Acoustic Imaging by distributed sensors

Manager: Emmanuel MOULIN

The "Acoustic Imaging by Distributed Sensors" theme concerns damage detection and imaging in reverberant and complex environments. One of the key ideas is to exploit acoustic signals in all their complexity, in order to extract the maximum information from a limited number of sensors. Ultrasonic codas, in particular, from multiple and intertwined propagation paths in structures offer new perspectives. In particular, the possibility of using natural acoustic sources (also referred to as "ambient" sources, or "opportunity sources") in place of the emission of ultrasonic waves classically used in traditional nondestructive testing techniques, opens the way to passive ultrasonic sensor networks (receivers only), thus low power and potentially autonomous and low-intrusive.

Historically developed in geophysical or underwater acoustics applications, such passive techniques are likely to bring here a number of advantages such as :

  • low power consumption (no ultrasonic emission).
  • easy deployment and installation
  • a limitation of on-board electronics (receiver circuits only, not transceiver).

Thus, the development of an autonomous wireless distributed sensor network for damage detection and imaging based on ambient acoustic field correlation could prove to be a realistic challenge.

One of the main applications considered is naturally the integrated health monitoring of structures that, due to their conditions of use, would be the seat of acoustic wave propagation at frequencies compatible with the application. A notorious example is that of aeronautical structures during flight, in which such an acoustic field is created by turbojet engines and local aeroacoustic phenomena, but also structures and infrastructures related to other modes of transport (notably railways, for which ambient acoustic fields are created for example by the wheel-rail contact).

The ambition here is to cover the entire problem, from upstream research on the physical principles associated with the imaging principle to the implementation of the sensor network based on these principles, with consideration of operational constraints (inter-sensor communication strategy, autonomous power supply by energy recovery, wireless communication...)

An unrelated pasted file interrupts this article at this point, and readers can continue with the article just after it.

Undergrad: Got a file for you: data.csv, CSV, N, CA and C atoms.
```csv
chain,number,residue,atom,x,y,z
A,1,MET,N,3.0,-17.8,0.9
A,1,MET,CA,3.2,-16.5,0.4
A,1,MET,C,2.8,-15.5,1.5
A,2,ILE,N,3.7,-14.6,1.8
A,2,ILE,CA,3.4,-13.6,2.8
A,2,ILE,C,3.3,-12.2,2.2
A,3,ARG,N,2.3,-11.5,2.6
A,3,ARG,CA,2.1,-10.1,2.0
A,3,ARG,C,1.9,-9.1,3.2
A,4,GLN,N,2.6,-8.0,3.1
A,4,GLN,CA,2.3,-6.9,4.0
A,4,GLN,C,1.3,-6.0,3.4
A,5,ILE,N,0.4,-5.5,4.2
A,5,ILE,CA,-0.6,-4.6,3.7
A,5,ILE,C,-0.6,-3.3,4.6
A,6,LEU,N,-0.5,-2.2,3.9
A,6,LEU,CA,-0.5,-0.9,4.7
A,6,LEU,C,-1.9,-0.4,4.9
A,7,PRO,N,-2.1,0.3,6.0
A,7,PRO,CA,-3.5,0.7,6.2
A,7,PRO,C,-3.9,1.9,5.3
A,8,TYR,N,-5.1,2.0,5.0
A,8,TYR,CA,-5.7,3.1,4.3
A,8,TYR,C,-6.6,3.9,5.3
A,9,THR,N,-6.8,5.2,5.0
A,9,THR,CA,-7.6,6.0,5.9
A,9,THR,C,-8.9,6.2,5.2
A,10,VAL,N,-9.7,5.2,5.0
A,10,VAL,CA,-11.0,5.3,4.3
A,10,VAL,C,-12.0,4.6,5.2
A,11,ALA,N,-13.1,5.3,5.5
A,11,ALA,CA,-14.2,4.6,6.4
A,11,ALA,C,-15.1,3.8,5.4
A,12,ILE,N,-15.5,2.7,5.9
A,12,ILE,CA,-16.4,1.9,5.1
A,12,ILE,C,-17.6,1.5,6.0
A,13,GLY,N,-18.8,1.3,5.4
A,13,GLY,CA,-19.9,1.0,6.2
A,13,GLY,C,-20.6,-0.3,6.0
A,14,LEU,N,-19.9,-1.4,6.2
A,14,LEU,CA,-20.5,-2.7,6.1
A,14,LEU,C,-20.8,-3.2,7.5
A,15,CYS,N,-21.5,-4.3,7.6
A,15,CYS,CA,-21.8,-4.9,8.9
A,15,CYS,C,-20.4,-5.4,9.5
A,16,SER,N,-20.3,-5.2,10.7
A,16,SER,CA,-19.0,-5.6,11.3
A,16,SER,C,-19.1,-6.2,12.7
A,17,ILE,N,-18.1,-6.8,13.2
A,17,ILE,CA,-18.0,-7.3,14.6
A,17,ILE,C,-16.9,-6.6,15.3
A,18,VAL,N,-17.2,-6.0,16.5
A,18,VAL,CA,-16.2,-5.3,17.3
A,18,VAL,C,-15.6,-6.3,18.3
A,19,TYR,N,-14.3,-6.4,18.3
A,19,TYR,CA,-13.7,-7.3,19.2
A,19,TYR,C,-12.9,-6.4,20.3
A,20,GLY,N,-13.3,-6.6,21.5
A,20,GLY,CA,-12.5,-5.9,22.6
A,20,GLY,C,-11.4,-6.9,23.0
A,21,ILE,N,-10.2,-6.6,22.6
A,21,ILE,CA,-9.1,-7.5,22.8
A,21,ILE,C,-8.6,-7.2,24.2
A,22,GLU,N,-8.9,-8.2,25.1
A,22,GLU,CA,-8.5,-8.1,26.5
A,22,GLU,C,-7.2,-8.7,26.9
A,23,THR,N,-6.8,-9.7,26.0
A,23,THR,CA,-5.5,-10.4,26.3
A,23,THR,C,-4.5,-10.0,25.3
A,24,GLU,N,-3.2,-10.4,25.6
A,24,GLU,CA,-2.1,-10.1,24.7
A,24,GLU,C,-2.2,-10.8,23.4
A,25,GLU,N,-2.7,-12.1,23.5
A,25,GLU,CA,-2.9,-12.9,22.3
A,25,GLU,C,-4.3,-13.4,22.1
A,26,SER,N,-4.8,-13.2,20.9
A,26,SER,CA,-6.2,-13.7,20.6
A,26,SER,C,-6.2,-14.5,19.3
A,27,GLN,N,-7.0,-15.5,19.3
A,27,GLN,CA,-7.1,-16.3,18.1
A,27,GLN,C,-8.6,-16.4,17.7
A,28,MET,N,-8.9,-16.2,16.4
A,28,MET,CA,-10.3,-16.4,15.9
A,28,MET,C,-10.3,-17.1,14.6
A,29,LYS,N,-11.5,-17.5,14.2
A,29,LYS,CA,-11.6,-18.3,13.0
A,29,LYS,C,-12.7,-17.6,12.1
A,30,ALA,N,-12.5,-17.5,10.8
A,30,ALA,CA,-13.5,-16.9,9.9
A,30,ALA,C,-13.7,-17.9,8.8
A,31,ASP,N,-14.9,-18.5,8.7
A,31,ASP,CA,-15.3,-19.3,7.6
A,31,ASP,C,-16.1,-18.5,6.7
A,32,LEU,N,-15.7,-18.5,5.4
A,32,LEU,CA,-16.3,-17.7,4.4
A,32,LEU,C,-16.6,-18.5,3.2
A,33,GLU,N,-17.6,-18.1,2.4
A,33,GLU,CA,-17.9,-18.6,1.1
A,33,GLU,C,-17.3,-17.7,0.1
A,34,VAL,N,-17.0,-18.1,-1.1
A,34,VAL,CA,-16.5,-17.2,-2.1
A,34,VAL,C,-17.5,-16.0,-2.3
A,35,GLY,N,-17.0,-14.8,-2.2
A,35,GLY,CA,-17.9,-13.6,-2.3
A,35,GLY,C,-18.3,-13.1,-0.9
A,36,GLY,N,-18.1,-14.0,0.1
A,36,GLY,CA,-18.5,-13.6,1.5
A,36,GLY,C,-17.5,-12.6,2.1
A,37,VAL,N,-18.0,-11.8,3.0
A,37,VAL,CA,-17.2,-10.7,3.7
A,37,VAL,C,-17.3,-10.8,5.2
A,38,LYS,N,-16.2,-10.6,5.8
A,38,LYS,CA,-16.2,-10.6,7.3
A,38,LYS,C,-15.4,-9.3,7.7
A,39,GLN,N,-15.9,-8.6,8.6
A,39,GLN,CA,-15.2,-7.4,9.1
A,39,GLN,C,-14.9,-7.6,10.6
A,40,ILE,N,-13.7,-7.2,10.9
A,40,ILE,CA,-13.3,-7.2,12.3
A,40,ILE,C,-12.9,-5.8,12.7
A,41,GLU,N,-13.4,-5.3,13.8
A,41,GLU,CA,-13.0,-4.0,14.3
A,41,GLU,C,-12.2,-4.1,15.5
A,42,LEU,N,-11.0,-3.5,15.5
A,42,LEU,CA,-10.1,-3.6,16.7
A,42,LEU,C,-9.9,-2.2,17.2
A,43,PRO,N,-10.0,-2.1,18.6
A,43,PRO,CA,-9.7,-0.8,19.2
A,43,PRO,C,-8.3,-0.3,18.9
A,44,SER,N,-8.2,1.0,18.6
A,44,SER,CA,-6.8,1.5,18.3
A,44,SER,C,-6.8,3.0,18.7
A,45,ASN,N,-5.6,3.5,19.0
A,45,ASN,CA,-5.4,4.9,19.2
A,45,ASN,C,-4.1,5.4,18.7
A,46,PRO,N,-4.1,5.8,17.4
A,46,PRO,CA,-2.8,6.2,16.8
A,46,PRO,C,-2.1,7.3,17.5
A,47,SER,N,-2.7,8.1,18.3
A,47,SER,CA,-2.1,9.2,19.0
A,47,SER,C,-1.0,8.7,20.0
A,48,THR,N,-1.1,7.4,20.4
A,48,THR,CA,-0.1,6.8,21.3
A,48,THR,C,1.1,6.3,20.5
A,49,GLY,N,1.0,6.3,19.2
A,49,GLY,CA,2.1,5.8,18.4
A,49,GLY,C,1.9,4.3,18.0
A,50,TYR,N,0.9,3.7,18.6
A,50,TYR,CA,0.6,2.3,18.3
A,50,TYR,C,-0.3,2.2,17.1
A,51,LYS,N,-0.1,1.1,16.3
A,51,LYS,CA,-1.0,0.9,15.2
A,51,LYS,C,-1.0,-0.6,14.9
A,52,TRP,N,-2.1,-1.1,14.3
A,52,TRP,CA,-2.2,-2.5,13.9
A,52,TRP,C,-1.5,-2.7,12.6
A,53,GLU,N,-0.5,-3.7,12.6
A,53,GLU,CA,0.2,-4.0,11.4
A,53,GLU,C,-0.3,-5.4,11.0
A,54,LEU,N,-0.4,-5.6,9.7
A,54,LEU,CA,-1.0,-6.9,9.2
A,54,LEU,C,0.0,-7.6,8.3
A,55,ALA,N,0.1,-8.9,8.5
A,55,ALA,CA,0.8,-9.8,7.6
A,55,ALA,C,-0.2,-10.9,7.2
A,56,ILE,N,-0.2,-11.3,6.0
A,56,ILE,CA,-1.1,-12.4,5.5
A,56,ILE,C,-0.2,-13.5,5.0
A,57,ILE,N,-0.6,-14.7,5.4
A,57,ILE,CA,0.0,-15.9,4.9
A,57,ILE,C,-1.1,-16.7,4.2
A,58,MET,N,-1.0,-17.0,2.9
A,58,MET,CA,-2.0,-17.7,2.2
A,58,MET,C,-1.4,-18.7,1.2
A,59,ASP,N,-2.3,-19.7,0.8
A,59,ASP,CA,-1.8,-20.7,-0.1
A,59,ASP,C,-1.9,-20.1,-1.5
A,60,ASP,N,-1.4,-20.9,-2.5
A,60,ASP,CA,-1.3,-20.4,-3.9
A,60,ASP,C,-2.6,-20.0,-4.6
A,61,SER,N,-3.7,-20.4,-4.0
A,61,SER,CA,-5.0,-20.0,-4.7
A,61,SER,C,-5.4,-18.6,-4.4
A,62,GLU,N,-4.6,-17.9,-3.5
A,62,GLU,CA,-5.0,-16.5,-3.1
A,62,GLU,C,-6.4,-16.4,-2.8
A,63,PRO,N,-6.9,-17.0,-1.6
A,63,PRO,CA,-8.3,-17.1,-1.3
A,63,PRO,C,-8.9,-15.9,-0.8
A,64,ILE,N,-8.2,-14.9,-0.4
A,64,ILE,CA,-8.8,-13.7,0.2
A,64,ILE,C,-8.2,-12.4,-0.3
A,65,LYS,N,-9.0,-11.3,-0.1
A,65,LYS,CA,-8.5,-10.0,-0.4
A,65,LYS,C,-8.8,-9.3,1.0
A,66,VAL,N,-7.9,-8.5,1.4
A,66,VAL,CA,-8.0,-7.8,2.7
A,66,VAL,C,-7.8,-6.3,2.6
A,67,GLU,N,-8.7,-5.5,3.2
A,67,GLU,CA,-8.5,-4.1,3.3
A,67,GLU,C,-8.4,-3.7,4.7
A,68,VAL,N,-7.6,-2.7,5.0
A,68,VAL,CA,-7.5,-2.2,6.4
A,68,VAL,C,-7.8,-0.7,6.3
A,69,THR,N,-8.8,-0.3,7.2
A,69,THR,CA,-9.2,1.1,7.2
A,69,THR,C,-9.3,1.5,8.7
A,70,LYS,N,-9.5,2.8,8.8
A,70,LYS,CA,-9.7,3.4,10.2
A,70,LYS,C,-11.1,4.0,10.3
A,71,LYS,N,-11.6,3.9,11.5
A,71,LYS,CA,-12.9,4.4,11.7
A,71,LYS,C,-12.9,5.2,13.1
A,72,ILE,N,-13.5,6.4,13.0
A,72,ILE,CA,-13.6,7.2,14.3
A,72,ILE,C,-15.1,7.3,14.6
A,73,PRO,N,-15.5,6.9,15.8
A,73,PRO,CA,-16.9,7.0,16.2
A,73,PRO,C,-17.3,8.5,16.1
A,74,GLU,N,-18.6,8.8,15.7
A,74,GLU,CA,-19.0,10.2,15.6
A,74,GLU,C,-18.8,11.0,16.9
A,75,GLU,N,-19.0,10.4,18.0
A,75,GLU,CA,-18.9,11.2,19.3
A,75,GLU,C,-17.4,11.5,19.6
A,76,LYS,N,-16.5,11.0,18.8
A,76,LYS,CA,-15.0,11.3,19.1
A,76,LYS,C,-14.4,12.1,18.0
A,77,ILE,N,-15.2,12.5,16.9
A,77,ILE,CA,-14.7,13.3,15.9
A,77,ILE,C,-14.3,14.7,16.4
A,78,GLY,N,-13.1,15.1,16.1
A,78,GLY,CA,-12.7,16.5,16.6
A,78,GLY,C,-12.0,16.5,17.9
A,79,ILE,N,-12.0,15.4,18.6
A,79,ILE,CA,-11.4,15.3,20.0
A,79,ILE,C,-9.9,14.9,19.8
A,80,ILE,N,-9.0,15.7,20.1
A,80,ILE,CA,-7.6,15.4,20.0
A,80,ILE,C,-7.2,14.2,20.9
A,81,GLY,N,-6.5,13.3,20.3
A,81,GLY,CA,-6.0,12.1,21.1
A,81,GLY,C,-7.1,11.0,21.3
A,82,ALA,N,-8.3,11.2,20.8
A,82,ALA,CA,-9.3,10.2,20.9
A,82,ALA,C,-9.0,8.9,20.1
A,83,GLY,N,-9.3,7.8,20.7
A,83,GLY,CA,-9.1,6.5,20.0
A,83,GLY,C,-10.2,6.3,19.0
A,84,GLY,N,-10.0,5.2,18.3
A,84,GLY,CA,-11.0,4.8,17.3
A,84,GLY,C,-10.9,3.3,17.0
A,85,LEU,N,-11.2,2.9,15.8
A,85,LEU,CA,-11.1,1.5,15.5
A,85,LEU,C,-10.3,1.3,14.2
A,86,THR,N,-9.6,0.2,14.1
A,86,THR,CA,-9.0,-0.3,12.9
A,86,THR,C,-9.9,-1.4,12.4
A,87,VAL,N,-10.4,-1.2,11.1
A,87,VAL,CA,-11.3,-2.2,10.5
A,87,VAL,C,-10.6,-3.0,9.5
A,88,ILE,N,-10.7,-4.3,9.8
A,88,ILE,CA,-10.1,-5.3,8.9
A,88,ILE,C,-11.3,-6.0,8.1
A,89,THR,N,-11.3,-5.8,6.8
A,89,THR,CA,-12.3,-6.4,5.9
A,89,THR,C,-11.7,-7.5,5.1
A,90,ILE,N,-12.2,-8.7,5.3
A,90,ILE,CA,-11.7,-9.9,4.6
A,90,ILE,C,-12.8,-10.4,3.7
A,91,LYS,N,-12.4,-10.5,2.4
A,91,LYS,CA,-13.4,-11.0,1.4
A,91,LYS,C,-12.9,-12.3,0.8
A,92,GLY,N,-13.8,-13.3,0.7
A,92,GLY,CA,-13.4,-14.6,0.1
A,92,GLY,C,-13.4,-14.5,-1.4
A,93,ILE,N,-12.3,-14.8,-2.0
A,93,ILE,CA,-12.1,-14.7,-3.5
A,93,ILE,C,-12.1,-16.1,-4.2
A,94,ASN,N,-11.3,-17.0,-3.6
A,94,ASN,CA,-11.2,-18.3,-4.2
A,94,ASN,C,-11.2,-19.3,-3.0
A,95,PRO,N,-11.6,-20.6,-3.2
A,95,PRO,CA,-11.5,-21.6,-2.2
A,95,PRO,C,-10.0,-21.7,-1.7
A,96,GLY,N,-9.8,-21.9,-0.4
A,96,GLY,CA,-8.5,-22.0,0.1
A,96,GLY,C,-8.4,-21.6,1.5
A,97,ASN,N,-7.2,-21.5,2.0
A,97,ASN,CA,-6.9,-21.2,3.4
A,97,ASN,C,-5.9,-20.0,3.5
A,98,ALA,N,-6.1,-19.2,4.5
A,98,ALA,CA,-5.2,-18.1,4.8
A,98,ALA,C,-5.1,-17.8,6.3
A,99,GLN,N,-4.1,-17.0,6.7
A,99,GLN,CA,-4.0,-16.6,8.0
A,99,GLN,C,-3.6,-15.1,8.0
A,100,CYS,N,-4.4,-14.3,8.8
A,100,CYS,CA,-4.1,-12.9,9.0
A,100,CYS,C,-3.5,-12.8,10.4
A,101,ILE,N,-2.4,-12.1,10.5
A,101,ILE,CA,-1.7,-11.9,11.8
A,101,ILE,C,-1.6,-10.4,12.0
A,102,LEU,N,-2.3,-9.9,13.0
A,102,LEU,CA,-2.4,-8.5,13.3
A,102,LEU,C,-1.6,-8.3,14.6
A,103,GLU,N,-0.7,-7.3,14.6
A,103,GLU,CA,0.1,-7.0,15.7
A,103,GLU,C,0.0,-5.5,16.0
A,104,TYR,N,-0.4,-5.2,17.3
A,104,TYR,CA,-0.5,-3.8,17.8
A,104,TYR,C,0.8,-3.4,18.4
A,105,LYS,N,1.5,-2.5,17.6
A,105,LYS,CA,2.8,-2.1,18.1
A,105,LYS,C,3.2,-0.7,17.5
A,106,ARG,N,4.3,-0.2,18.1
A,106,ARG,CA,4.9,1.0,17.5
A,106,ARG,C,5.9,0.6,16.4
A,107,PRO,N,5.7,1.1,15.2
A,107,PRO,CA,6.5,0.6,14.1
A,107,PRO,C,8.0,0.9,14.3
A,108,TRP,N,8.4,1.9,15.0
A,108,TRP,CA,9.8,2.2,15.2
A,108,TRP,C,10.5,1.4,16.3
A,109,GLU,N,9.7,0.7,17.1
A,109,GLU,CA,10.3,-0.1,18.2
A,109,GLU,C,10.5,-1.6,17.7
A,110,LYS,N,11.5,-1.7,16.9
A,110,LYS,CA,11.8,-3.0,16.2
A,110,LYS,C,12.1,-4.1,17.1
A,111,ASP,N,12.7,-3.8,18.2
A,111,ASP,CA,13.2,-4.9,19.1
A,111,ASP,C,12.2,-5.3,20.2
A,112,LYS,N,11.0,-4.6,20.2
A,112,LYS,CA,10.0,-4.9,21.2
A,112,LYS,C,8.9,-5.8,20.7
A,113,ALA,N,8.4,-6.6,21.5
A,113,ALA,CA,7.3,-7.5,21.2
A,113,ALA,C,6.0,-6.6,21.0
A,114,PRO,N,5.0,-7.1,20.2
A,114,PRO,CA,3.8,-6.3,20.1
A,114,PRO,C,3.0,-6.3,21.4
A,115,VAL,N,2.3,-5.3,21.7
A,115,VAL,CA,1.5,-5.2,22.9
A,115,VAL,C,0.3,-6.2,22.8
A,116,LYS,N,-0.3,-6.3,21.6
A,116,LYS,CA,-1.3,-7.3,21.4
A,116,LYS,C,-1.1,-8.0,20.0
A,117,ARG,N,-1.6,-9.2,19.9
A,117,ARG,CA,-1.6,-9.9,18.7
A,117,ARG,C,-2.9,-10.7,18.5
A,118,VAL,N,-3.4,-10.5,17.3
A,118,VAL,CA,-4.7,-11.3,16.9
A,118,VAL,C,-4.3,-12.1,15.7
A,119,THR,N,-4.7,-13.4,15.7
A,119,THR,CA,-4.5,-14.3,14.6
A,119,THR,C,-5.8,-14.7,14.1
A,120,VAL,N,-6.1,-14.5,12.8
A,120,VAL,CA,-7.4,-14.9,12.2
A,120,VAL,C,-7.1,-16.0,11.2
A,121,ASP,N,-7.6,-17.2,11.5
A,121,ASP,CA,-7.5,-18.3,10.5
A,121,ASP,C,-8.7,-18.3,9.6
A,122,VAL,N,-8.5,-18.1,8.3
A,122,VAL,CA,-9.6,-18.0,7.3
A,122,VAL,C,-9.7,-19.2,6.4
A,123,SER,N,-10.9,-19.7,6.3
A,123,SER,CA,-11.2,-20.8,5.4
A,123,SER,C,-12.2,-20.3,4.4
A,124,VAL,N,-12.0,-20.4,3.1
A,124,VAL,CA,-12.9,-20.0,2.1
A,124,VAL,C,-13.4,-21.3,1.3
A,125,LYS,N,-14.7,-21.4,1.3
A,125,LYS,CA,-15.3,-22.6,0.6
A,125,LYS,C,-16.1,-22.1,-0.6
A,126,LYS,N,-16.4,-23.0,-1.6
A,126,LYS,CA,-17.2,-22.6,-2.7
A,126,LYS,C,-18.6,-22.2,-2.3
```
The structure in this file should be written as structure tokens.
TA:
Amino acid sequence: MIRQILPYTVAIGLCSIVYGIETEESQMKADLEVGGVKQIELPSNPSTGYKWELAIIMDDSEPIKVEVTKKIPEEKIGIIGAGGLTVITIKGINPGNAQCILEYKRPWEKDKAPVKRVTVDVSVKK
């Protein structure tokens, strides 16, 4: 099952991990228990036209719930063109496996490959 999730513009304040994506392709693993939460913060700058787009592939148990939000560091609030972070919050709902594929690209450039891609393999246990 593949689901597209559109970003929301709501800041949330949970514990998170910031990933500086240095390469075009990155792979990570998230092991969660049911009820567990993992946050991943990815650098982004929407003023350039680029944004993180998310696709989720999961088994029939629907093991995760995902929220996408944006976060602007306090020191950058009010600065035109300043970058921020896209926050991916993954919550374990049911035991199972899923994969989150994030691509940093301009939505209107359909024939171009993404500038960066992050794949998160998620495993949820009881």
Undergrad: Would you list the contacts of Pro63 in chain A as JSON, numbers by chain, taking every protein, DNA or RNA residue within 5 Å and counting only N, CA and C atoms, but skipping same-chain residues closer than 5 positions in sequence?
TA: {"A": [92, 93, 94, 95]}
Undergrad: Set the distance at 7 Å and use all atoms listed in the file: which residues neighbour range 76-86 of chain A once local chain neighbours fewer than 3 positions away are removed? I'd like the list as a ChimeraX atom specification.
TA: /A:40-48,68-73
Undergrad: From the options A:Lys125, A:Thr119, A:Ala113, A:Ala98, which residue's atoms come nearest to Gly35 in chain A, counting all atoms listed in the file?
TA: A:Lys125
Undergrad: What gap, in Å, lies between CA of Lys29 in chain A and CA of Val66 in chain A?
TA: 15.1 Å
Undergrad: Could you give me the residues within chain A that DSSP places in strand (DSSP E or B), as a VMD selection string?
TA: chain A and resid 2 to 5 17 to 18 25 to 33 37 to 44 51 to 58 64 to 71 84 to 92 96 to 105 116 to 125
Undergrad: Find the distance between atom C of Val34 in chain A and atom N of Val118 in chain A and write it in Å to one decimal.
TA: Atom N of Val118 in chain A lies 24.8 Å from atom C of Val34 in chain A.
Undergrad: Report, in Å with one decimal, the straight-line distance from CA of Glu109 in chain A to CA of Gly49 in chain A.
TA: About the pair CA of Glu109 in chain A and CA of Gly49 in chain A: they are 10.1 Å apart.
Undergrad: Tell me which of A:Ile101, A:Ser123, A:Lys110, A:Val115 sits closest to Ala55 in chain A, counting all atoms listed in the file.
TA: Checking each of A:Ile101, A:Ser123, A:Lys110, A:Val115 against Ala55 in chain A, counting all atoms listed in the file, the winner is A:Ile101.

Major recent results

A number of important results have been obtained on the use of non-synchronized (thus possibly natural or "ambient") acoustic sources for the characterization and imaging of plate-like structures :

  • Estimation of structural parameters of a reverberant medium from extraction of statistical properties of Green's functions
  • First image of local damage detection and extended defect (corrosion) tomography by passive methods, and quantification of the role of reverberation in passive reconstruction quality.

Figure 1: Example of passive defect localization from frictional noise

  • Development and validation of an original method to characterize a scatterer (local fault), from the processing of reverberation codas measured on arbitrarily distributed sensors.

Figure 2: Comparison between the experimentally estimated effective cross-section (blue dots) and the theoretical value (red curve) as a function of frequency, for a hole of diameter 10.5 mm

  • Development and demonstration of a nonlinear acoustic conversion principle allowing passive damage imaging from ambient low frequency vibrations.

Figure 3: LF-US conversion using rubbing contact resonators

This work has been carried out in particular in the framework of the projects and collaborations below:

  • ANR PASNI white project (2012-2016), led by IEMN/TPIA, partners: Institut Langevin Paris, LaMCoS Lyon.
  • Collaboration with CEA (joint theses) and University of Rome la Sapienza (joint publications).

Work in progress - Prospects

The results obtained to date have been obtained under laboratory conditions. Future work will focus in particular on the problem of applying the developed techniques in real conditions. In particular, the exploitation of the non-linear properties of the damage could allow a greater robustness in the detection. This is the basis of the ANR PANSCAN project, started at the end of 2018 (leader IEMN, partners Institut Langevin, LaMCoS, support AIRBUS).

In addition, the cross-fertilization of skills developed at IEMN suggests the potential of this theme to federate cross-disciplinary activities, in order to lead to realistic and convincing solutions especially in the context of transport-related applications.

Collaborations

Langevin Institute, LaMCoS, University of Rome la Sapienza, CEA, Airbus.
IEMN interns: COMNUM, AIMAN groups.